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For many cyclists, a power meter is an essential piece of equipment to monitor and improve their performance. But even the least expensive power meters cost well over £250 with prices heading up over £1,000. What do you get for your money and what explains that price difference?
The original cycling power meter was developed by German company SRM in 1986. It was quickly taken on by pro riders like Greg LeMond and SRM’s power meters have been a feature of the pro peloton ever since.
SRM boasts its high accuracy and is still regarded highly. Its meters and the head unit you’ll often see on shots of pro bikes are expensive though - power meter chainsets start at over €1,500 and its Powercontrol 8 computer is priced at €780.
Other companies have looked to reduce the entry cost for power measurement with far cheaper options.
How and where is power measured?
Power meters can be bought which measure your power output either via the pedals or different parts of the chainset - the crank arms, bottom bracket spindle or the chainrings. SRAM has now discontinued selling the PowerTap G3 power meter, which was an exception as it measured power at the rear hub.
Power is measured via a series of strain gauges placed in or on the component measured, which detect small deflections caused by pedalling, which software in the meter combines with cadence data and converts into a power output figure. This is transmitted wirelessly to a head unit or a cycle computer via either the Bluetooth Low Energy or ANT+ protocol - many devices now support both.
Most power meters have quoted accuracy of 2 per cent or better, although in some cases you’ll need to perform a short recalibration periodically to ensure that measurements don’t drift. Other power meters claim to compensate for external factors like temperature change that can cause drift. SRAM’s meters, for example, can be set to recalibrate themselves automatically as you ride.
Different brands’ power meters run on a range of battery technologies. Many have internal batteries that can be recharged from an external power source, usually via a USB cable although often this has a special shaped plug at the power meter end rather than a standard mini USB one. You may need an extra-long cable to reach your power meter - it’s something that is often included in the package.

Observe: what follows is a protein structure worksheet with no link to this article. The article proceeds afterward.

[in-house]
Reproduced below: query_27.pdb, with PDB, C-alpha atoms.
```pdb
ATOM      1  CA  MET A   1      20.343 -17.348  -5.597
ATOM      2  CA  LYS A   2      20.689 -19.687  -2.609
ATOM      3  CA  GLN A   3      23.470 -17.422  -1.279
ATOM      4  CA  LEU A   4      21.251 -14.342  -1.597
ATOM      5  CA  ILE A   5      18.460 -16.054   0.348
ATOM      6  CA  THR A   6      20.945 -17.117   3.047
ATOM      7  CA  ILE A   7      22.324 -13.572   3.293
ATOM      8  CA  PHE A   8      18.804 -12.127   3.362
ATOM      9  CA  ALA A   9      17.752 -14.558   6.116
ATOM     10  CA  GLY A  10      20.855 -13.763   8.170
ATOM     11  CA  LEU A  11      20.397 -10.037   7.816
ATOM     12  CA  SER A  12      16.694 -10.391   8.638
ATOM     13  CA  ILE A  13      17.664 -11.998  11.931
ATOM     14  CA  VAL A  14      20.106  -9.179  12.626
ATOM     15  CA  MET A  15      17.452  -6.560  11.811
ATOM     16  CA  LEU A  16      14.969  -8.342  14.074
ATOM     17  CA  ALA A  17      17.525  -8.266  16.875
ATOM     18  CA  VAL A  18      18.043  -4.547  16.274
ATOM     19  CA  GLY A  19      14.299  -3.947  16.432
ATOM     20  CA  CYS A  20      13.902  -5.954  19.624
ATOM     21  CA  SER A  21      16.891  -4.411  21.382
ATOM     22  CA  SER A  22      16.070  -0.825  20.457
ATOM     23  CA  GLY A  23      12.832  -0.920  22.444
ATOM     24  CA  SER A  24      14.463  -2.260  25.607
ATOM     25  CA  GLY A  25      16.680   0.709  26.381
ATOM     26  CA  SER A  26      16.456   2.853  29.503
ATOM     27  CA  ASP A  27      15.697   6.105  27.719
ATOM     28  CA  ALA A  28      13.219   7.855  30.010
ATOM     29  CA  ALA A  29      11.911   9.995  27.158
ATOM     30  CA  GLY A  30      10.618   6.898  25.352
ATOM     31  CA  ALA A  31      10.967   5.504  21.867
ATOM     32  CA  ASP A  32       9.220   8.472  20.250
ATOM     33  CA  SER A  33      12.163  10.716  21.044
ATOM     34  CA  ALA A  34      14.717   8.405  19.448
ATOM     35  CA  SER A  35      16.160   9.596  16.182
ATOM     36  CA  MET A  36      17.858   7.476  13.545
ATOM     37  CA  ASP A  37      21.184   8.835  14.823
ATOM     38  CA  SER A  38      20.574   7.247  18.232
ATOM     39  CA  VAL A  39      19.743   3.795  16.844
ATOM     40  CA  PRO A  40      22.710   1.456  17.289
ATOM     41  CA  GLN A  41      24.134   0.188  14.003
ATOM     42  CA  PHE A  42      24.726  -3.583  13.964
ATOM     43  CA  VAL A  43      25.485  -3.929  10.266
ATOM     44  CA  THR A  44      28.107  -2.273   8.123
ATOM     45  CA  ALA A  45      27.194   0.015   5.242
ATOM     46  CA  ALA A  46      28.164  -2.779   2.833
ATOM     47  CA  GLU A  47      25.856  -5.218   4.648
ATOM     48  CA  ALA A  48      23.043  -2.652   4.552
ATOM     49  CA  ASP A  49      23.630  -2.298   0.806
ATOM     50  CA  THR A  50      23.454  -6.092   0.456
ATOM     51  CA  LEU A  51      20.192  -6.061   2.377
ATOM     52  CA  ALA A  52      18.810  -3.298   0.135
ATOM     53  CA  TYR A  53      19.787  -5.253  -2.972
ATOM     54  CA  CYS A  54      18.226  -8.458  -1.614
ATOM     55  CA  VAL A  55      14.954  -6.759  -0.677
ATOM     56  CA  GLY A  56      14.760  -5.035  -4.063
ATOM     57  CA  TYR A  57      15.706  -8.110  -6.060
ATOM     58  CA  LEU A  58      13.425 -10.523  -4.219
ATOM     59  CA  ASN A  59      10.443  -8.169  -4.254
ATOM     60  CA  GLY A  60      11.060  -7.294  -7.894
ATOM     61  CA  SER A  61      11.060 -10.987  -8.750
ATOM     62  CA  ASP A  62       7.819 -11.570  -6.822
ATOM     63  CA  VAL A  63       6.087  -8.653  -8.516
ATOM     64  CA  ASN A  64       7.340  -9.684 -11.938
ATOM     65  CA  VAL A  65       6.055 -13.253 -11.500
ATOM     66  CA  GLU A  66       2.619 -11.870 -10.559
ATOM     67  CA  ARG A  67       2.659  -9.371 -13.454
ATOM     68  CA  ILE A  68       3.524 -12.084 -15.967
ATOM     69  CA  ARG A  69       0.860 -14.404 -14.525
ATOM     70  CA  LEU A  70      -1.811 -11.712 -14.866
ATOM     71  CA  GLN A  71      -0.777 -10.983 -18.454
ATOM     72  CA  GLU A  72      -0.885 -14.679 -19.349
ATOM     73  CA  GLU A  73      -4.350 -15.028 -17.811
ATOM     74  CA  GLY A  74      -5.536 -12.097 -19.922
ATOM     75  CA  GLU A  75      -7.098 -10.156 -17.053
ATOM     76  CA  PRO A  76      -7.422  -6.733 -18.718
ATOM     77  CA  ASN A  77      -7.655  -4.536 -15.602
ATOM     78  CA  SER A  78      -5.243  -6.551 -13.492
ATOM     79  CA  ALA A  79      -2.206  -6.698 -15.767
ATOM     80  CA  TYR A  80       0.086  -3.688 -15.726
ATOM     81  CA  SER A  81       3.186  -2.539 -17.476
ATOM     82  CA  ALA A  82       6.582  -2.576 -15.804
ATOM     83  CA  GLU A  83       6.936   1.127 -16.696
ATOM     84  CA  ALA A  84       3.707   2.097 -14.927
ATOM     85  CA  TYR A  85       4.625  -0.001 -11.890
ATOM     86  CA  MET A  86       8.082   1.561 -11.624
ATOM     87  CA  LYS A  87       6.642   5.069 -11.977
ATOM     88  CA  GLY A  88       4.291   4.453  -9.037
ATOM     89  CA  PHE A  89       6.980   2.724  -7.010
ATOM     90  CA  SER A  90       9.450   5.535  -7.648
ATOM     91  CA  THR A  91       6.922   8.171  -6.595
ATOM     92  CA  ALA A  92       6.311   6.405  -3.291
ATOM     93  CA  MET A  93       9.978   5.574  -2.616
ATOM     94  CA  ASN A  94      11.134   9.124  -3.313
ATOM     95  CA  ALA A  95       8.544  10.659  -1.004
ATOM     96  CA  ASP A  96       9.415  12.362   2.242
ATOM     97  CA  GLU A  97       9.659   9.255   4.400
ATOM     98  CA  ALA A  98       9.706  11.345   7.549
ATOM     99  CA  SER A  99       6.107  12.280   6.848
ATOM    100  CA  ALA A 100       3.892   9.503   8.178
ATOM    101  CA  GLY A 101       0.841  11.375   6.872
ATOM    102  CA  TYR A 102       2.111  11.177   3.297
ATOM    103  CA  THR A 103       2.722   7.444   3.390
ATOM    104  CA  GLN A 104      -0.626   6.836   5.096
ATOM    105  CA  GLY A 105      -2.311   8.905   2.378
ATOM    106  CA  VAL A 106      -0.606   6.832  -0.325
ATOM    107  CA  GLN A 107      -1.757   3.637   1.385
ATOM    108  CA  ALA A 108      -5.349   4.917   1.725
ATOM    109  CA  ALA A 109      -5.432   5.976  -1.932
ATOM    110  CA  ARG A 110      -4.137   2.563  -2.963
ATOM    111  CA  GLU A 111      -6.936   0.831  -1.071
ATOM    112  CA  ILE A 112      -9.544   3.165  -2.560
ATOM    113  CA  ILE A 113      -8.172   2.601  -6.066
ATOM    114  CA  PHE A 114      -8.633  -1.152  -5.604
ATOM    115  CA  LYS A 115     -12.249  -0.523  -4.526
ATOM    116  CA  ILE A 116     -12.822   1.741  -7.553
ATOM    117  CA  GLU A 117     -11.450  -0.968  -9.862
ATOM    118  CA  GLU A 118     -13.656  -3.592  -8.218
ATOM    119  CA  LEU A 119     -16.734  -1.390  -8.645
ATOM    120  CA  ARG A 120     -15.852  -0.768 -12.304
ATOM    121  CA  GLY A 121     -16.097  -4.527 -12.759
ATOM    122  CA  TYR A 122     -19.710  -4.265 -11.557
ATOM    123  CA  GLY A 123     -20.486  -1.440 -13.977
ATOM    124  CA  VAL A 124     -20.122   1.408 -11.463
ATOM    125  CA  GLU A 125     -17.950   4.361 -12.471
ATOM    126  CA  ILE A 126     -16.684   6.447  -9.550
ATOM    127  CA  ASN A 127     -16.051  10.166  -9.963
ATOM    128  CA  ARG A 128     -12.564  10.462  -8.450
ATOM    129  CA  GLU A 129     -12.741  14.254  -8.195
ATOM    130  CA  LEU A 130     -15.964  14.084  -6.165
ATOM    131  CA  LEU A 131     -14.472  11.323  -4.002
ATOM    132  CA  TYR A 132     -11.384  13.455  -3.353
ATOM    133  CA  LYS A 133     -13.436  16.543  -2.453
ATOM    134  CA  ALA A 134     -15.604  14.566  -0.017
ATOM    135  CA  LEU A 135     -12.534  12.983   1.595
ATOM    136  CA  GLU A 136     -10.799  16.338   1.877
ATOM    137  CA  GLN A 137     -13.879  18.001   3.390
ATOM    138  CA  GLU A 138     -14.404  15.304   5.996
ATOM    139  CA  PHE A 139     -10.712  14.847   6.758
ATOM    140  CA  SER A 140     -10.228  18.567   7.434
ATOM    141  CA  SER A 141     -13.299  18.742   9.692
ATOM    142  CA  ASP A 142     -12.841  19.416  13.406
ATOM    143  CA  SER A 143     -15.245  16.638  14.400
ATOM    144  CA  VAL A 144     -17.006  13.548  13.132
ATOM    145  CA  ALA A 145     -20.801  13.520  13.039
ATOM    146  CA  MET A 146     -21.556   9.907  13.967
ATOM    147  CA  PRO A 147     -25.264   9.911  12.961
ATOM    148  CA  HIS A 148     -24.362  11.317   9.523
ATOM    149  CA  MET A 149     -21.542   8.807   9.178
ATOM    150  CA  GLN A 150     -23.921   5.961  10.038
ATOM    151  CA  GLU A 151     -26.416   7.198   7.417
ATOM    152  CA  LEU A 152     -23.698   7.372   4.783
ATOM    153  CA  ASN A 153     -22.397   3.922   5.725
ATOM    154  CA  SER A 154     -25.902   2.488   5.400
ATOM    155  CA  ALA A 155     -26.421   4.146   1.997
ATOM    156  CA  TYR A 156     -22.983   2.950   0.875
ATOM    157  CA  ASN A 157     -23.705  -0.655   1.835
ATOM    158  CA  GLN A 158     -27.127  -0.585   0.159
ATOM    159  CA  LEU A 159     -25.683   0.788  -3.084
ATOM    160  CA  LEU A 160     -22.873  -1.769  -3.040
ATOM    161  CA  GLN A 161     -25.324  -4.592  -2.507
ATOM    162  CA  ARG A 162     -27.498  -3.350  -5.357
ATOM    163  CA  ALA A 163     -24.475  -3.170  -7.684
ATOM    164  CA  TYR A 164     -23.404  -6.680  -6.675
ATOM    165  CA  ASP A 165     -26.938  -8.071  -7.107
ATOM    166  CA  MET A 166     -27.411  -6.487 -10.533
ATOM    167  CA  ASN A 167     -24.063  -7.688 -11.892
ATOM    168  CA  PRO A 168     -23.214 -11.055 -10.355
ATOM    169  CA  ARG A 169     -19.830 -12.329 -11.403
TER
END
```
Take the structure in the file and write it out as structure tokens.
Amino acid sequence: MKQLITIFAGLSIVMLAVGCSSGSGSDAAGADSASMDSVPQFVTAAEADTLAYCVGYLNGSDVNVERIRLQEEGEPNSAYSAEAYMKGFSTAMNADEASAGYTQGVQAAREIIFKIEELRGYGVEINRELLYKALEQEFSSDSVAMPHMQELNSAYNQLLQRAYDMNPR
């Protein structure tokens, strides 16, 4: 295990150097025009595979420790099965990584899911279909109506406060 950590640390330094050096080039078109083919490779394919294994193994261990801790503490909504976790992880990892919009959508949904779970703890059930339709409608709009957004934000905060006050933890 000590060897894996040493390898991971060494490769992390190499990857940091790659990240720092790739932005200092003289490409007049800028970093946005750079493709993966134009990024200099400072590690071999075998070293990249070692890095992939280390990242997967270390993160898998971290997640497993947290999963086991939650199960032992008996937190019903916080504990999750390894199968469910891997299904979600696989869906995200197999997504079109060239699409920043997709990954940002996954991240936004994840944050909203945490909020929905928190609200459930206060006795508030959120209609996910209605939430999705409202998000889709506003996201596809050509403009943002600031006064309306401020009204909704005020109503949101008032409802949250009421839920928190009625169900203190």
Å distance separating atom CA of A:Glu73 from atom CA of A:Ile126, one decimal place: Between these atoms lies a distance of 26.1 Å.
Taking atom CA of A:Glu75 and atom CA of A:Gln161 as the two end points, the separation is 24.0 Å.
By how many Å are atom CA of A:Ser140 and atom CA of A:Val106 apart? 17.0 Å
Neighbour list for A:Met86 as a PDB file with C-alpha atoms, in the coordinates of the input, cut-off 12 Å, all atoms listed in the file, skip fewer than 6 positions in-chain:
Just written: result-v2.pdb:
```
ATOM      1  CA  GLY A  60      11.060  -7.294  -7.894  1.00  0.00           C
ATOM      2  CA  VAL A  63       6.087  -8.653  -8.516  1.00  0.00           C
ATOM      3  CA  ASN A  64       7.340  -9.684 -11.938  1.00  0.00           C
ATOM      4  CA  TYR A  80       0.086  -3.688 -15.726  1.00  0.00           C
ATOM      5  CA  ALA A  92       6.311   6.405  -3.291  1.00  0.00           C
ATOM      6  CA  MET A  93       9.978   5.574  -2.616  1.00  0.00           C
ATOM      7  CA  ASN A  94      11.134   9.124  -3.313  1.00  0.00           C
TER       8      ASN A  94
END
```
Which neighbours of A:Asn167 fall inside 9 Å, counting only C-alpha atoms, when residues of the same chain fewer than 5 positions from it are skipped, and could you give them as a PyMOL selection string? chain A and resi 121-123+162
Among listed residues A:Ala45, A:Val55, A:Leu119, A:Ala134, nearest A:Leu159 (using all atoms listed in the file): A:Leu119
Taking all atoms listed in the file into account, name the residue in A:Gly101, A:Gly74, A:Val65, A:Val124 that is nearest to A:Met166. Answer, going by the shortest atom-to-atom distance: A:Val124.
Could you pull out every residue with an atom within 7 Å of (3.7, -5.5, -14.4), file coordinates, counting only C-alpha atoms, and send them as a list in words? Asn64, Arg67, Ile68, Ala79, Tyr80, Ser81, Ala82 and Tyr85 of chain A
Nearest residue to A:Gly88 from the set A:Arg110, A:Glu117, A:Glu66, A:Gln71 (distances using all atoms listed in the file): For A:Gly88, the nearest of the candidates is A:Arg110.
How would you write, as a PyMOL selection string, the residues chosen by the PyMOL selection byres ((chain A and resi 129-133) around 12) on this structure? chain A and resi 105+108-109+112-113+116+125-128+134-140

Other power meters use non-rechargeable coin cells or AAA batteries. Rechargeable internal batteries have the advantage that it’s easier to keep your power meter charged up, there’s no fiddly battery changing needed and less risk of seals leaking. You won’t need to keep a stock of batteries either.
Pedals or chainset-based measurement?
If you’re swapping between bikes frequently, a pedal-based power meter like the Favero Assioma might be a better bet than a system that works on the crank arms or spindle. It’s easier to swap between bikes and most have done away with the awkward set-up requirements like specific torque values which older systems needed for accuracy.
On the other hand, pedals are more prone to damage than a chainset and building batteries and electronics into pedals can make these systems heavier than other options. Most pedal-based power meters limit you to using Look road cleats too, although Wahoo is about to launch a Speedplay power meter and Favero offers a Shimano-compatible spindle for its Assioma power meter which can be installed into a Shimano SPD-SL pedal body.
Garmin has added versatility to its latest Rally power meter, which has interchangeable pedal bodies which allow you to swap bodies to use it with either Shimano SPD-SL road cleats or two-bolt SPD cleats in addition to Look.
Some crank based systems like 4iiii and Stages are very lightweight, as they just add a pod with strain gauges to the back of the crank arms and you can use them with whichever pedal system you prefer. They’re also relatively easy to swap between bikes by changing your crank arms.
As with pedal-based systems, you can purchase a single-sided version or dual sided crank-based meters. It’s worth noting that some systems housed in the chainset like SRM’s will only give you combined power, not dual sided.
Shimano and SRAM both offer in-series chainset power meters, with the latest 12-speed Dura-Ace and Ultegra groupsets both including dual side power meter options, as do 12-speed SRAM Red and Force.